Knee "resurfacing" is a procedure in which the surface of the bones is actually replaced.
The damaged cartilage surfaces at the ends of the femur and tibia are removed along with a small amount of underlying bone. The removed cartilage and bone is replaced with man-made components that recreate the surface of the joint.
These parts may be cemented or "press-fit" into the bone. The under-surface of the patella (kneecap) is cut and resurfaced with a plastic button. Some surgeons do not resurface the patella, depending upon the case. A medical-grade plastic spacer is inserted between the metal components to create a smooth gliding surface.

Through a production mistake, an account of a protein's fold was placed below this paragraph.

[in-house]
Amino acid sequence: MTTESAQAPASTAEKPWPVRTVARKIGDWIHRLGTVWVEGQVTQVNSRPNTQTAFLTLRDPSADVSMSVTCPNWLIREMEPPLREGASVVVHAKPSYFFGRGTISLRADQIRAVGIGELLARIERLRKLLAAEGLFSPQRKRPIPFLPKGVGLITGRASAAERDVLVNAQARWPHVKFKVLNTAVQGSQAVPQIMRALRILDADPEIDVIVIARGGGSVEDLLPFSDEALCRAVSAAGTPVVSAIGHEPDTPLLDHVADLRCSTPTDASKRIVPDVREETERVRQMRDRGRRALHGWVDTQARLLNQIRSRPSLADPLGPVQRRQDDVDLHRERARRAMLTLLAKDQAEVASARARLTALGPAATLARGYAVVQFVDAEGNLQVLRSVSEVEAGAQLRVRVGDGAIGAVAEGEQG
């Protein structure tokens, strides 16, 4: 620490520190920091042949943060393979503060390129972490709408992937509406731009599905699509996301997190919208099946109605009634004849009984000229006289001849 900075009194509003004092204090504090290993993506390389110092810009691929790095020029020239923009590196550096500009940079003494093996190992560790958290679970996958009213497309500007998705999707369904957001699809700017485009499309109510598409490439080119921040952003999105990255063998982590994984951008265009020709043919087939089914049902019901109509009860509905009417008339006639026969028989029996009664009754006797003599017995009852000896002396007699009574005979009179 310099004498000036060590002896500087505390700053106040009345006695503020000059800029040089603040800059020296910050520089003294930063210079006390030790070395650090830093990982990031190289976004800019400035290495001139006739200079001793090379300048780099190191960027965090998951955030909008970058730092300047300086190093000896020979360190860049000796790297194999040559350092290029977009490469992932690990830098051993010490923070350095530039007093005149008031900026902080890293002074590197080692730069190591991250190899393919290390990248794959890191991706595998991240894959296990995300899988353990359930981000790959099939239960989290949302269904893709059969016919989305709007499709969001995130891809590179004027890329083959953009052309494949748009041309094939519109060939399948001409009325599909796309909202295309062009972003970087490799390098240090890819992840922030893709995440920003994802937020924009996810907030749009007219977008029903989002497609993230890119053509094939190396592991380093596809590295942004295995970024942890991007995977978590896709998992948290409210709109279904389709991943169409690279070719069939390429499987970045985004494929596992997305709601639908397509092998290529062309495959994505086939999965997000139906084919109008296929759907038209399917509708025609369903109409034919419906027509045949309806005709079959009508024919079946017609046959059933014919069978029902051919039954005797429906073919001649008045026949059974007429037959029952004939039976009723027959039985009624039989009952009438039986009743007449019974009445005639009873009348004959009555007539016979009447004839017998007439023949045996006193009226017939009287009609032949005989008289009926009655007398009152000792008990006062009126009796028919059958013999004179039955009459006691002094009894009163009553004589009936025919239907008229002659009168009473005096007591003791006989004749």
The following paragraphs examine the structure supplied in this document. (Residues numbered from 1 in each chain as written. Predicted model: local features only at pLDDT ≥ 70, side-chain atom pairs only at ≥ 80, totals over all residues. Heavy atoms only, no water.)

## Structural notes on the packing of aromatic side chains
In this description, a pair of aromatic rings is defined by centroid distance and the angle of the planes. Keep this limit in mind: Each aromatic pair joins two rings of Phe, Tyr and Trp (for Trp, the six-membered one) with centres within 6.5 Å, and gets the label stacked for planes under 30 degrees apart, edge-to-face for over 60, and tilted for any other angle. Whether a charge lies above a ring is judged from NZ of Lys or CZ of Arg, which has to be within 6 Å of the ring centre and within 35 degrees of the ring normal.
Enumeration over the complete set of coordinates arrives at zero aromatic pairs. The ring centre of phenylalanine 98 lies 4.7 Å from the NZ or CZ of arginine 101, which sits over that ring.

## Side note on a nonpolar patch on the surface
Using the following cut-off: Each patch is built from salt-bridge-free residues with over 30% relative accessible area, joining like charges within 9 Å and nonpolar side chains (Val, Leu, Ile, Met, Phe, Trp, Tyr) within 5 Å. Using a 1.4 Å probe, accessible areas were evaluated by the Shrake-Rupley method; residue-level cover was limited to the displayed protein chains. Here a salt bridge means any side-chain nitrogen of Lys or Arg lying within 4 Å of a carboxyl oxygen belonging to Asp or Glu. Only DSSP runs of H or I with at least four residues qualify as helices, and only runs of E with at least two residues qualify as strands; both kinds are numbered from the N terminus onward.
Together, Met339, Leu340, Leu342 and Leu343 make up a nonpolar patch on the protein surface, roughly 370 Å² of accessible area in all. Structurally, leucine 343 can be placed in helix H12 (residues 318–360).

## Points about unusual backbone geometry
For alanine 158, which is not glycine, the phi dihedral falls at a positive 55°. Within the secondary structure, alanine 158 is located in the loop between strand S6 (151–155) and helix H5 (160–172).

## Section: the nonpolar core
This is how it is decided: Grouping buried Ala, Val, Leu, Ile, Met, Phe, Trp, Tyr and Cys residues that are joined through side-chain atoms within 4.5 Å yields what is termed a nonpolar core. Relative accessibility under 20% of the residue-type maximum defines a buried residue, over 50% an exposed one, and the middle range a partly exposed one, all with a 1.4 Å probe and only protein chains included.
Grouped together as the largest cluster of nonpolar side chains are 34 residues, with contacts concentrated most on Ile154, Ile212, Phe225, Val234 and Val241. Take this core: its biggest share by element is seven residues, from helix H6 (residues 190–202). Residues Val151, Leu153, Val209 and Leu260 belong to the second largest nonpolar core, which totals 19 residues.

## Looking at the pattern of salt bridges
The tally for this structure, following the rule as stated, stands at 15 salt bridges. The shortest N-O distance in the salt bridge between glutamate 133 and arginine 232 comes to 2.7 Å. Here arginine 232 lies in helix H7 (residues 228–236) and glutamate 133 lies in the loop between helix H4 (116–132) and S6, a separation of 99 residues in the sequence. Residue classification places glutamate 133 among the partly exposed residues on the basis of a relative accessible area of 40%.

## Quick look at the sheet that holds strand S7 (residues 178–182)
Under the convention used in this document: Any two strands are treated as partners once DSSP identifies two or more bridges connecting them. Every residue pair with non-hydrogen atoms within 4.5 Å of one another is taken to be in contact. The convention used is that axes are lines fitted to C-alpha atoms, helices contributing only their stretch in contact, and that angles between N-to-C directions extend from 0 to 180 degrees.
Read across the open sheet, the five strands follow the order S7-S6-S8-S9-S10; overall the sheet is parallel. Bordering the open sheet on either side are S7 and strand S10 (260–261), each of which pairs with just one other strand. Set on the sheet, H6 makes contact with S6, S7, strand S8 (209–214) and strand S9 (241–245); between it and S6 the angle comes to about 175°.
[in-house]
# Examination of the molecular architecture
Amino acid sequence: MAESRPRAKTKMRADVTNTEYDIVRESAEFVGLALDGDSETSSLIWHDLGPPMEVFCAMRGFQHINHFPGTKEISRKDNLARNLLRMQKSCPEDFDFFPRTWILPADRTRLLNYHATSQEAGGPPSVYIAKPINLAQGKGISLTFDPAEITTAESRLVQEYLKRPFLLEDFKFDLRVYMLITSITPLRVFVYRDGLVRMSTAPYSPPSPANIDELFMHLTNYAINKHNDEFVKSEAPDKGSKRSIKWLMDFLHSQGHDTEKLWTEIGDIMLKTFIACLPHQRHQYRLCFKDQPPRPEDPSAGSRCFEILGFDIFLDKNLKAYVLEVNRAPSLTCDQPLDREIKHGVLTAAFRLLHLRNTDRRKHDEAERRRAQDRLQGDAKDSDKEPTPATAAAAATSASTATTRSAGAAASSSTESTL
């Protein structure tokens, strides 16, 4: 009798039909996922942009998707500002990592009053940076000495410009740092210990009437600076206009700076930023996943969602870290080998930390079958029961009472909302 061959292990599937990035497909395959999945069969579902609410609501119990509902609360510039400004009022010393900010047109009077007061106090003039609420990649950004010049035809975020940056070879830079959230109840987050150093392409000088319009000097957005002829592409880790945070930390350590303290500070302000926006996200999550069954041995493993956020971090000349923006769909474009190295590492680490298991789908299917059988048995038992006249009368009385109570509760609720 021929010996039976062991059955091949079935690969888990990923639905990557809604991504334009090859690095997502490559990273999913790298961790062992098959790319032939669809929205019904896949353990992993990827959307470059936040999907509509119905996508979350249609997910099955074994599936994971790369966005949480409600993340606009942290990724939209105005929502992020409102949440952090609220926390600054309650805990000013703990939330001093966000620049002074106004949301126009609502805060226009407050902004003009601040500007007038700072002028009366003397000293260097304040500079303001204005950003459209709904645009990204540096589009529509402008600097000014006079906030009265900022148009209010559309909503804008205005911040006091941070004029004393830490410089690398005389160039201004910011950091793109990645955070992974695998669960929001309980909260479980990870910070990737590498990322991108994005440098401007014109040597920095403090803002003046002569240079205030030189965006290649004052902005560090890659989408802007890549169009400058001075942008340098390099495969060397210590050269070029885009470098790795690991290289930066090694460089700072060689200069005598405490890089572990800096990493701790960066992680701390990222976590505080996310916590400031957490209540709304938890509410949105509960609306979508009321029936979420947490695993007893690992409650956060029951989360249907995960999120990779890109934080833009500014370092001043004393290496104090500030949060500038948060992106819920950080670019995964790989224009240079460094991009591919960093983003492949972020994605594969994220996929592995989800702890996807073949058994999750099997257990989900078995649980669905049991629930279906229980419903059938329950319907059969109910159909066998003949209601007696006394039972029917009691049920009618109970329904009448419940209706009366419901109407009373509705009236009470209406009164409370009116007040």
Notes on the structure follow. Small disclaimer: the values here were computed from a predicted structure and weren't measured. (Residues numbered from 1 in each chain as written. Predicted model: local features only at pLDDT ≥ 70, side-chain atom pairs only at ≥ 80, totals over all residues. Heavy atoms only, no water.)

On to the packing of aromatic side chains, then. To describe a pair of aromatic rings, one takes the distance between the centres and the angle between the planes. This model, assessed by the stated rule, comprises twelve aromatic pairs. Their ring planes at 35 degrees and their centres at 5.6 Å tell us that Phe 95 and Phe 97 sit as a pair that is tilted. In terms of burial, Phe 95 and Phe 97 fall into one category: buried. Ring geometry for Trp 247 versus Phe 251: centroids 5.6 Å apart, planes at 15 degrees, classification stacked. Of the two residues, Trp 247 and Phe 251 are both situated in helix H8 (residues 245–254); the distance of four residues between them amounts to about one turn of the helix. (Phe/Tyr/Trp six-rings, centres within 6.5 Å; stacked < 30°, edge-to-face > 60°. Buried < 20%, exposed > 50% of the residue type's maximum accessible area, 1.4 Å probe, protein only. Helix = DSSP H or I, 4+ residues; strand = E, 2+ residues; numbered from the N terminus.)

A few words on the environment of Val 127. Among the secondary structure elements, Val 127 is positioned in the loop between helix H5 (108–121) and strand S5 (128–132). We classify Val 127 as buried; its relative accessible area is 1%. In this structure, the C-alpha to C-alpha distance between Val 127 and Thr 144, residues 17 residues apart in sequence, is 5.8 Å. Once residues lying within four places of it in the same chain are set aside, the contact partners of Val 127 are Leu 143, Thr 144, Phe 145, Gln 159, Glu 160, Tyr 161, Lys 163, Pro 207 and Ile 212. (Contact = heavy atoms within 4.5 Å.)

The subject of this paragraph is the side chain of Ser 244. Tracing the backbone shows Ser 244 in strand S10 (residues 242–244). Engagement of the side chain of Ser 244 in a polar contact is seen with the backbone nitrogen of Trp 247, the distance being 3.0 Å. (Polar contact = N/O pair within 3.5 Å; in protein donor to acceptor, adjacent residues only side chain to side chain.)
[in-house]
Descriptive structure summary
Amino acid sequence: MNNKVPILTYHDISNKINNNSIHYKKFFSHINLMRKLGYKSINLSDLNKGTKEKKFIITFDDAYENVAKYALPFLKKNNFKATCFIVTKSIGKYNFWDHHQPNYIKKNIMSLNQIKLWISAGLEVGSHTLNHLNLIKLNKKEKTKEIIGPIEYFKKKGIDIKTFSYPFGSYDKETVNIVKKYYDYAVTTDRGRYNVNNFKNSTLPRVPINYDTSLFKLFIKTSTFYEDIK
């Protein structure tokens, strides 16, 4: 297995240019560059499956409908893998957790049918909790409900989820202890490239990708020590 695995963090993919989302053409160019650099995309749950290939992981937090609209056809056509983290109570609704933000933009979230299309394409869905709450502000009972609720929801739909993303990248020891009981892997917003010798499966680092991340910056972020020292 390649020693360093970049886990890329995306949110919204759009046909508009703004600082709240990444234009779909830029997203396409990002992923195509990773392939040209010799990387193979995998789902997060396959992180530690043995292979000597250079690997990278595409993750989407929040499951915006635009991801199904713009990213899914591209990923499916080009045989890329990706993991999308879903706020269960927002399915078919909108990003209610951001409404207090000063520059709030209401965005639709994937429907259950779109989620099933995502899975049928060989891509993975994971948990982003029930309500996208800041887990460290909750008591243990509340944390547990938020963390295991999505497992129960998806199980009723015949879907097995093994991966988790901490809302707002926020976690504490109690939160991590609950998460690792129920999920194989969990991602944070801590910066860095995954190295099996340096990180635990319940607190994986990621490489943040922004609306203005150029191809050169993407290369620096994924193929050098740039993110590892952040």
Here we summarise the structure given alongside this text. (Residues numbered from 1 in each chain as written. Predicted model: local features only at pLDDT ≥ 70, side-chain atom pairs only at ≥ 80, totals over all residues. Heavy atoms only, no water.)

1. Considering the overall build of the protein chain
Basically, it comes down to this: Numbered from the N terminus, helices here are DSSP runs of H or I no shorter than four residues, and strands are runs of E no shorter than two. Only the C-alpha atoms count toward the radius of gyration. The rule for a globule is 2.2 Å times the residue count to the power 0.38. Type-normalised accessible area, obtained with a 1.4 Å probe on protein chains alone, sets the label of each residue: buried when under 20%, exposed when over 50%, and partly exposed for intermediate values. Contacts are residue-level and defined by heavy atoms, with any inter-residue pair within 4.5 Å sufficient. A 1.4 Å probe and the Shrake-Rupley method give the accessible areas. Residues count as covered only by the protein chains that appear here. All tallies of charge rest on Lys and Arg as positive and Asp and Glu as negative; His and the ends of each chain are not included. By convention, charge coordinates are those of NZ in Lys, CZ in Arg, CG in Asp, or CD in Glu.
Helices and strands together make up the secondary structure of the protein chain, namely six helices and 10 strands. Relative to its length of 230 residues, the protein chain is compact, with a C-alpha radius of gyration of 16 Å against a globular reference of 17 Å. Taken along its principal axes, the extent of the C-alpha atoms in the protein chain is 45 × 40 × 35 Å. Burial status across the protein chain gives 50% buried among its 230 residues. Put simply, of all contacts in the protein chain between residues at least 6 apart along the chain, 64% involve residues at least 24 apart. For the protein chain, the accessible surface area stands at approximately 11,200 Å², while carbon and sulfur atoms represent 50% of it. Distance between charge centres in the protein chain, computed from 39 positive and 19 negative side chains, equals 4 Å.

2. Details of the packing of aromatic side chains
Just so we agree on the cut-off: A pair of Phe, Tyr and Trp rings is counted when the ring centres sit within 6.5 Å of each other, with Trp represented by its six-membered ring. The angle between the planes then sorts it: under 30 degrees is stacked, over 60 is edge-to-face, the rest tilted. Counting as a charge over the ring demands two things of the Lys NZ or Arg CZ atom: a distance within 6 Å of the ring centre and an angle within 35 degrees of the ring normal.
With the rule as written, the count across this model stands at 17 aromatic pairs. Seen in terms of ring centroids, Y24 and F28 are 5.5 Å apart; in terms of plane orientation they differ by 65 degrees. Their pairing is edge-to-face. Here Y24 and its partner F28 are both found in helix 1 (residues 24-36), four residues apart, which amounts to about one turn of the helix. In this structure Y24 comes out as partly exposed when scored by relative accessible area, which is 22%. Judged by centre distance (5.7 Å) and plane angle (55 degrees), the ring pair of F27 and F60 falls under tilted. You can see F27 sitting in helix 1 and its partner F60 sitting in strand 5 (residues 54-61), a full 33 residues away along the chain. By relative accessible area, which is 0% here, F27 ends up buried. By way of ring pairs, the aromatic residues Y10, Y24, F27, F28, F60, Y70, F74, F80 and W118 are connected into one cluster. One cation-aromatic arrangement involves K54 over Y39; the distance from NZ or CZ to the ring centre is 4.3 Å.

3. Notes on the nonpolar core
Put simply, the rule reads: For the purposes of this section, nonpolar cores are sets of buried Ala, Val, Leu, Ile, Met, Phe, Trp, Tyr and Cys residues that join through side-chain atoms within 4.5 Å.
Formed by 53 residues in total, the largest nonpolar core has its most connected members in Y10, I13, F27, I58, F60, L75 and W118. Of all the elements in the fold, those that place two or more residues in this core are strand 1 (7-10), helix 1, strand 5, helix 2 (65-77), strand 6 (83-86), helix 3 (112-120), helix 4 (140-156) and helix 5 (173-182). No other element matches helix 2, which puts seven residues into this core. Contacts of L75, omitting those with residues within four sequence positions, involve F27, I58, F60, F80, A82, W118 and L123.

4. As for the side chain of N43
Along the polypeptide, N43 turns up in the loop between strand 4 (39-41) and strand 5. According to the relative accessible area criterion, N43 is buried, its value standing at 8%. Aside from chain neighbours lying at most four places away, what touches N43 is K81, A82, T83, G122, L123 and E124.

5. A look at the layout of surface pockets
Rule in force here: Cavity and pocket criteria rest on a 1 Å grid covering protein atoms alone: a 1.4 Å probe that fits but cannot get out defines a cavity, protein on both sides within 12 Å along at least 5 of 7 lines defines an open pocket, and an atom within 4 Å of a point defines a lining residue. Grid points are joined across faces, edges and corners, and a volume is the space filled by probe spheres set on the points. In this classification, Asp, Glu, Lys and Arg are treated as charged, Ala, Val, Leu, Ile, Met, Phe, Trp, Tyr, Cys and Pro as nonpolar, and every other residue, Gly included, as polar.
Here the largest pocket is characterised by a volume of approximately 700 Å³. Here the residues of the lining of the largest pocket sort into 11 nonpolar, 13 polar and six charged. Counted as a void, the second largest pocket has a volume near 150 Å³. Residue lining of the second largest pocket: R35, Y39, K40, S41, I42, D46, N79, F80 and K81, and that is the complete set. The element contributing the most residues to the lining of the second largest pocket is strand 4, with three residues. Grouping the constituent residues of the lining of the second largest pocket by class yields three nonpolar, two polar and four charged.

MAKOplasty is a robotic-assisted partial knee resurfacing procedure designed to relieve pain and improve range of motion in knee joints that have a breakdown or loss of cartilage due to early to mid-stage osteoarthritis. Cartilage is a protein substance that acts as a cushion between the bones of a joint and when worn away, the bones rub together. The procedure precisely targets the damaged area and resurfaces your knee while sparing healthy bone and ligaments surrounding it. The procedure helps the surgeon position the knee implant for a natural-feeling result and less downtime for you. Small incisions are made in your thigh bone and shin bone. The procedure is for people who have damage in one or two compartments of the three knee compartments. If your surgeon discovers more damage in your knee than seen in pre-operative X-rays and CT scan, a total knee replacement surgery may be required.